Five France players Ireland must stop to keep Euros dream alive
Published 23/06/2016 | 13:33
As the Irish masses basked in the euphoria of an unforgettable balmy night in Lille, it’s all too likely that Martin O’Neill temporarily tempered his own jubilation and considered what will be required to undo France on Sunday afternoon.
That’s the thing about epic, improbable victories at major tournaments, if not achieved at the very business end of proceedings, these great efforts cannot be fully revelled in until all is said and done.
Quite simply, there’s just too much work to do. For travelling fans, hangovers must be nursed, loans replenished, reservations secured and overpriced travel arrangements made.
Players and management must return to the well and summon the additional magic to prolong the adventure.
A third placed finish dictated that Ireland would be matched with a group winner and, as was the case at the World Cup in Italy, they’ve been pitted against the host nation.
As such, the French squad, replete with high-end offensive talent, are contending with the lofty expectations of a surly media and a public trying desperately to unite behind them.
Under O’Neill, Ireland have made an enjoyable habit of upsetting their superiors and, in Lyon this weekend, another unlikely feat of plucky footballing effrontery is required.
France often made hard work of topping a relatively average Group A, also comprising Switzerland, Albania and Romania. Perhaps their unevenness is a result of playing no competitive matches since the last World Cup or, possibly, the sign of more significant malaise.
Regardless, they boast some of the continent’s most superlative operators, whom the Boys in Green must endeavour to nullify.
Here we take a look at five of them:
Admittedly, listing a goalkeeper is hardly the sexiest of selections but the France number one is an elite player. Spurs enjoyed the best defensive record in the Premier League last season and Lloris was the bedrock of that effort.
The fact is, Ireland neither create chances nor score goals with great regularity, so felling a keeper as sharp as the 29-year-old will be a tall order. Lloris is agile, commanding and a fine distributor.
Kante’s emergence from anonymity during Leicester City’s title win was just another warming subplot in their overall fairy tale narrative. Sentiment aside, his engine is without peer and Kante, along with Italy’s Daniele Di Rossi and Sergio Busquets of Spain, is arguably the best defensive midfielder on the continent.
Somehow, Ireland will have to bypass this tackling machine if they are get a relatively new look French defence at their mercy.
When permitted, Kante also offers a booming thrust going forward.
A target of Real Madrid, Manchester United and Chelsea, should the 23-year-old leave Juventus this summer it will in all likelihood be for a world record fee.
In the realm of elite midfielders, few can boast a repertoire as comprehensive as Pogba. A languid but powerful athlete, Pogba covers ground with a consummate ease. He can also be wonderfully refined in possession and, from often audacious distances, the scorer of incredible goals.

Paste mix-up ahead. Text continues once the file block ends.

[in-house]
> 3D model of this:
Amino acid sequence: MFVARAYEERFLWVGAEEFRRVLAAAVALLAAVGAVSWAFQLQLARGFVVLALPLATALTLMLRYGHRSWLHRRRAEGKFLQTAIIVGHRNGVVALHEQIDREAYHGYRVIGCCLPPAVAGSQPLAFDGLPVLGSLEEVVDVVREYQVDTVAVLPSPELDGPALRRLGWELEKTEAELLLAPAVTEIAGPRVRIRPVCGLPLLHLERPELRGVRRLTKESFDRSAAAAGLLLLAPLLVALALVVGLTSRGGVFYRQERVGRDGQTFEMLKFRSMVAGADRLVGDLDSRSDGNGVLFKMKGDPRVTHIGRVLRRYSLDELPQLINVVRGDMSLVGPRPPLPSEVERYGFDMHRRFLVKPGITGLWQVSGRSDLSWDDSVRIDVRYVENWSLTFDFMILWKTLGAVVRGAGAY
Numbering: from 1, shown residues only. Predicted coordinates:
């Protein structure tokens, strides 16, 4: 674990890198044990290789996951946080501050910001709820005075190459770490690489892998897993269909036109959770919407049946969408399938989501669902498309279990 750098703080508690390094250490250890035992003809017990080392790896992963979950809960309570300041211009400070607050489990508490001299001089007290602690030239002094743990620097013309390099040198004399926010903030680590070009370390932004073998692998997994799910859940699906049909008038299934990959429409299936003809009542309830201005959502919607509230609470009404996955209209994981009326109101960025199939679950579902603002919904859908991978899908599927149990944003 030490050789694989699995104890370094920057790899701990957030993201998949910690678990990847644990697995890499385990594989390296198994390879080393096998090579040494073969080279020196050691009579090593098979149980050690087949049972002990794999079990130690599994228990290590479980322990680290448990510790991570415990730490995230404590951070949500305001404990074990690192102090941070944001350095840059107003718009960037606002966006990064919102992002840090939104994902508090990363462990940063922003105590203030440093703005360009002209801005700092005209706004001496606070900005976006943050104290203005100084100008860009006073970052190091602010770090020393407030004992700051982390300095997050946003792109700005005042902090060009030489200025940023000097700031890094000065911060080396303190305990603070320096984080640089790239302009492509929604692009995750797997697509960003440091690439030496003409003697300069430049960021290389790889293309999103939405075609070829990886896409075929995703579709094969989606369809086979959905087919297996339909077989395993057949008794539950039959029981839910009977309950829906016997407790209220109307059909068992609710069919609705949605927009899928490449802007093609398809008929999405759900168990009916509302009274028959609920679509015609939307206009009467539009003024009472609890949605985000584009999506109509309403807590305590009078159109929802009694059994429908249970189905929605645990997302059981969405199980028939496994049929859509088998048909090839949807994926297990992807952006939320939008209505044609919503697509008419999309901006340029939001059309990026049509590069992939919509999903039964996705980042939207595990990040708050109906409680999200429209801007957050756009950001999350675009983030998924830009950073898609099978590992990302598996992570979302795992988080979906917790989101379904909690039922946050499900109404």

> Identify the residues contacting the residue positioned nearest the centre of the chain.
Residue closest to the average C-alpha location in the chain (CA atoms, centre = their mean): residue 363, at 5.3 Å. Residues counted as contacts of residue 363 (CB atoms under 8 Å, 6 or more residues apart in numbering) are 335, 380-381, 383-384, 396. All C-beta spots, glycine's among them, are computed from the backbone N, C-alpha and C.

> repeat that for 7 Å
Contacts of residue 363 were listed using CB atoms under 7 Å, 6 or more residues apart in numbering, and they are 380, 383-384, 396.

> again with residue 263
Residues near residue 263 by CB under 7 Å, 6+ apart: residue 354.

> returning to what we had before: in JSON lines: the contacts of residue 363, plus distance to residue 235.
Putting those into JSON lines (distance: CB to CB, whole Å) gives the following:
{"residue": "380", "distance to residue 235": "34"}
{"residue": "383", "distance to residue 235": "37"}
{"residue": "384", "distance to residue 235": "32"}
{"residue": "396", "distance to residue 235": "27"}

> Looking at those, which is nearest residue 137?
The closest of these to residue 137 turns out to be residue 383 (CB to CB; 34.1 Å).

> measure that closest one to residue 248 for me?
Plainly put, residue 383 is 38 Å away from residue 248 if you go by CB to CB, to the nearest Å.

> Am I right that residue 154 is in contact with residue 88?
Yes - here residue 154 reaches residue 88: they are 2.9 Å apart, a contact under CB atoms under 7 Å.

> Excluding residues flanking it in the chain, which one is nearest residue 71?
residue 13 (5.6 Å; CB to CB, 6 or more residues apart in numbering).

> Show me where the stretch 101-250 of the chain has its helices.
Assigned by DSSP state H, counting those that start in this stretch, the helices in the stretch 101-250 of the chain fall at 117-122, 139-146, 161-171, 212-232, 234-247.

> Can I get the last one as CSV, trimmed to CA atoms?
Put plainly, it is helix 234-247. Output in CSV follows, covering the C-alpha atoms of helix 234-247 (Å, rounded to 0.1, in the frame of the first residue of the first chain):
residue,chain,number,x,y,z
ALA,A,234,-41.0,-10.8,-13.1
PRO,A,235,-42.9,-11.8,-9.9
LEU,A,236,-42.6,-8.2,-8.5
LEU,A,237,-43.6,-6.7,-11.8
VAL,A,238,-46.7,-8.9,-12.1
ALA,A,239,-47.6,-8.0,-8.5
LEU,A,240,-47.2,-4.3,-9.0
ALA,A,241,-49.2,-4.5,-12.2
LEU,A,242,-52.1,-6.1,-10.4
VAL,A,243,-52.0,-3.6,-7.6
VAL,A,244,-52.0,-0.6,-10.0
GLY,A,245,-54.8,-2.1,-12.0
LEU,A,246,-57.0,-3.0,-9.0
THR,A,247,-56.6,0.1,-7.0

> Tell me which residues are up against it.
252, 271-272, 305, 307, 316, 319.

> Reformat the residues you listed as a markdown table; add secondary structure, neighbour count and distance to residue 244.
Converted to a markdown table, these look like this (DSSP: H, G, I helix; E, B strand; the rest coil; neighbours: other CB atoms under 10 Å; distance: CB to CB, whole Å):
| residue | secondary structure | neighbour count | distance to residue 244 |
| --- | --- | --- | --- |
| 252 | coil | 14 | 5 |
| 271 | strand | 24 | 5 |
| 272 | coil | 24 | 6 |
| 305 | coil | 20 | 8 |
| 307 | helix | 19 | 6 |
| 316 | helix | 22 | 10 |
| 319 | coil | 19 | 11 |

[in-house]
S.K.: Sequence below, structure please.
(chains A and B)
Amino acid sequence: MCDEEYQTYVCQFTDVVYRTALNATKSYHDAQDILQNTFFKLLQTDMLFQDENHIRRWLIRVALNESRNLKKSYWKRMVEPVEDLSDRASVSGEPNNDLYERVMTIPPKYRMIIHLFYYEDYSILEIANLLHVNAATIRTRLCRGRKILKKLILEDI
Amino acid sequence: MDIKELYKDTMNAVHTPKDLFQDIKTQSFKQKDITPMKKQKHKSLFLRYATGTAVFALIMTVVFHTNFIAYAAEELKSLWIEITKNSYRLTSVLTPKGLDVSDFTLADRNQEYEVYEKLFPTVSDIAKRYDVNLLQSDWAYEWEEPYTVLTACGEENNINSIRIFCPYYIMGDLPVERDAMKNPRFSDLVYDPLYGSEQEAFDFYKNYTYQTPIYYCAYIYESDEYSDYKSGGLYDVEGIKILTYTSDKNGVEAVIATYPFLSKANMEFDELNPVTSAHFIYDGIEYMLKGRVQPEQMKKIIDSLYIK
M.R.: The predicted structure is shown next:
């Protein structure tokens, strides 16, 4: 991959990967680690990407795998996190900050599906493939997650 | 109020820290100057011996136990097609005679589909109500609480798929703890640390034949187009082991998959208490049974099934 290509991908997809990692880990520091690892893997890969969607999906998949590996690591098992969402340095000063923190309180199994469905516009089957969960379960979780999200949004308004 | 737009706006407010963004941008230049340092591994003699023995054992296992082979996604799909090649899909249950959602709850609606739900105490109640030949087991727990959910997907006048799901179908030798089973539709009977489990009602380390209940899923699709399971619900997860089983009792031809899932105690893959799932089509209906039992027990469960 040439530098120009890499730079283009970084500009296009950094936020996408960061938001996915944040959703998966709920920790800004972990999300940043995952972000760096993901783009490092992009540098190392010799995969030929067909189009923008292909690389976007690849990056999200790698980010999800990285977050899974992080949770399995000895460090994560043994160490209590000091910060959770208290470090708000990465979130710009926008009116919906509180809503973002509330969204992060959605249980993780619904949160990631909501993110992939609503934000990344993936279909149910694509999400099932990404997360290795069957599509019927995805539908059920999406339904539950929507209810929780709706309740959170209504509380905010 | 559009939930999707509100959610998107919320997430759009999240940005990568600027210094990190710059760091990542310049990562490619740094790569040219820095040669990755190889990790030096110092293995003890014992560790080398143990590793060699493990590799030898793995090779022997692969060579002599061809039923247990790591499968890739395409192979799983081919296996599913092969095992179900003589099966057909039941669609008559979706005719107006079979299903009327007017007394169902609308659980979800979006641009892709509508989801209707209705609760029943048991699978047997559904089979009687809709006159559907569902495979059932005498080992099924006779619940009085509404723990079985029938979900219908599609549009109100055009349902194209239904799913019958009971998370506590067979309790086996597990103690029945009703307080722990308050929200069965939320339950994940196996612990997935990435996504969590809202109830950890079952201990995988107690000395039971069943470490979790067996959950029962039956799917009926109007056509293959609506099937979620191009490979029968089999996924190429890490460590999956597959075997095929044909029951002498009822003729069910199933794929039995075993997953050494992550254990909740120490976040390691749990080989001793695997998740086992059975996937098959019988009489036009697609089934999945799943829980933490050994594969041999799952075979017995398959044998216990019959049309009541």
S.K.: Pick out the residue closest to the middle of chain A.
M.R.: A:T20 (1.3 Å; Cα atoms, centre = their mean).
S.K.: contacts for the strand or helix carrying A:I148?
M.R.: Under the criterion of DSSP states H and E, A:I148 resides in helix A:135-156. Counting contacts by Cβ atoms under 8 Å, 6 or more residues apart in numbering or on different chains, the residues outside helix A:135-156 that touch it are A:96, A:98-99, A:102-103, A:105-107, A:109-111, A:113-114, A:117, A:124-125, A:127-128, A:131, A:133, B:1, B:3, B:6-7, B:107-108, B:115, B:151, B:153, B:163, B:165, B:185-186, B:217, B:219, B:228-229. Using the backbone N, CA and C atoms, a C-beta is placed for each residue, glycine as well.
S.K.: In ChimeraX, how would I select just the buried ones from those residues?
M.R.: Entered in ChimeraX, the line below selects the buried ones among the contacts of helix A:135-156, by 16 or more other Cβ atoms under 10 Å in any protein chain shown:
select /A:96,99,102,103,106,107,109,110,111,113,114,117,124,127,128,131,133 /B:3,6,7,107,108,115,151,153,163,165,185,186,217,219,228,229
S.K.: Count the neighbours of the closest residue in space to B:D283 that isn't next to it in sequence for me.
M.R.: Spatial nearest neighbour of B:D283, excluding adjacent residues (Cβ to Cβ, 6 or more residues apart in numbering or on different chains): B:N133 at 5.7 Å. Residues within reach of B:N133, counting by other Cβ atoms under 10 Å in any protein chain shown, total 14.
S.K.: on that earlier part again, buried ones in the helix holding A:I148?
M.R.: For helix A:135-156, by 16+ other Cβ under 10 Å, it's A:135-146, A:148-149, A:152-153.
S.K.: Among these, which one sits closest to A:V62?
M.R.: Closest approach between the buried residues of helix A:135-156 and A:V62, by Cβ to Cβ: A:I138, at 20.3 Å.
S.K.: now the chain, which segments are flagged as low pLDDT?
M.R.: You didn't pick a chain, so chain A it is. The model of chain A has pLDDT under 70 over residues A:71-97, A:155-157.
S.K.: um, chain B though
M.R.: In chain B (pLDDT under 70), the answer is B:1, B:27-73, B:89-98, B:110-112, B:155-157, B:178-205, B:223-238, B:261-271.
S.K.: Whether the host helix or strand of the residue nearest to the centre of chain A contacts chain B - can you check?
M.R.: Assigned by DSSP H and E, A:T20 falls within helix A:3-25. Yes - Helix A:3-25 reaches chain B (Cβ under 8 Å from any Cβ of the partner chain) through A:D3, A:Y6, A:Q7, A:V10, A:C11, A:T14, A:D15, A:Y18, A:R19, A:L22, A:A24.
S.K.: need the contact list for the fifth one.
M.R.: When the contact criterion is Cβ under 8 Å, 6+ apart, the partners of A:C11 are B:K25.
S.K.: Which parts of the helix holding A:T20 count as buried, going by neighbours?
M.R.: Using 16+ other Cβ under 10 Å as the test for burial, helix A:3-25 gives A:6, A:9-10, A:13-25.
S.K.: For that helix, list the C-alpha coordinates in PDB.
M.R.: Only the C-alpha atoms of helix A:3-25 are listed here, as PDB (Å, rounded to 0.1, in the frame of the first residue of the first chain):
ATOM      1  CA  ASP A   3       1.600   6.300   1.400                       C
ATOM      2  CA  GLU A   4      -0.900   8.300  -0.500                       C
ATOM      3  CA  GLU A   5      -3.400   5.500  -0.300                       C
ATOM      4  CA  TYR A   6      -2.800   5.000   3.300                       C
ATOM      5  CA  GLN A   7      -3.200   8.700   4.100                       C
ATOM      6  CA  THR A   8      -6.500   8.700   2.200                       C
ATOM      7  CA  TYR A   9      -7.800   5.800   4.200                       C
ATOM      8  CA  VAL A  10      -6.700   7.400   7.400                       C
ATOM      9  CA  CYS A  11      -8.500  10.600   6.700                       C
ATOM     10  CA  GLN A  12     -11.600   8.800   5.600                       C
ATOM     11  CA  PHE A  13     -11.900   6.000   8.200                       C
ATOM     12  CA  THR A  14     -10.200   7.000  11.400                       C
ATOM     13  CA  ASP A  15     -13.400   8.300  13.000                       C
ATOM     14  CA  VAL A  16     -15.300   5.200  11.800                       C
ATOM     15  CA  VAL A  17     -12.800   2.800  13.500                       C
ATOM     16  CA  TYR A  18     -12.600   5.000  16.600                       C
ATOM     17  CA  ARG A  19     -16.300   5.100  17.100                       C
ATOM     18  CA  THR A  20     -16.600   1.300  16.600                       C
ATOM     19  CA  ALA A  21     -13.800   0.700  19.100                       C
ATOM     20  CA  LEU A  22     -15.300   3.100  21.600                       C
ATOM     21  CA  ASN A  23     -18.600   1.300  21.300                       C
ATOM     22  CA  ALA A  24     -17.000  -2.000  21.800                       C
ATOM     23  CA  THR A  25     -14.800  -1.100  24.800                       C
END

However, there’s a caveat. Manager Didier Deschamps is yet to divine a way to fully utilise the former Manchester United player’s gifts; a source of unsavouriness between player, coach and the indigenous media.
Pogba was outstanding in the 0-0 draw with Switzerland on Sunday but, a mixed bag in the win over Romania and was demoted to the bench for the last gasp victory over Albania.
That said, he’s capable of abrupt moments of genius so there’s little point in dwelling too long on a rumoured disquiet in the French camp, lest we forget what happened against Belgium.
Like Pogba, Griezmann has been linked with many of the club game’s biggest names. The Atletico Madrid striker scored a total of 32 goals last season as Diego Simeone’s side finished third in La Liga and Champions League runners up.
Like Pogba, an indifferent display in the opener against Romania, meant Griezmann began as a replacement against Albania. Yet, when sprung from the bench, he broke the deadlock in the 90th minute with a sublime header, before Dimitri Payet garnished the win with an additional fine effort.
Griezmann is an apex finisher, a top of the food chain predator, the Irish rear guard cannot blink. Oh, by the way, Les Bleus can also call on Anthony Martial and Olivier Giroud.
Another bolt from the proverbial blue in a truly singular Premier League campaign.
At West Ham, Payet was spellbinding and magnificent, while his free-kicks were a force of nature. He’s brought that stellar form to these championships and saved the French bacon on the opening night, when netting a bravura winner against a gritty Romania.
He doubled his tally in the belated dispatching of Albania, and now Ireland must find a way to, at the very least, stunt his influence.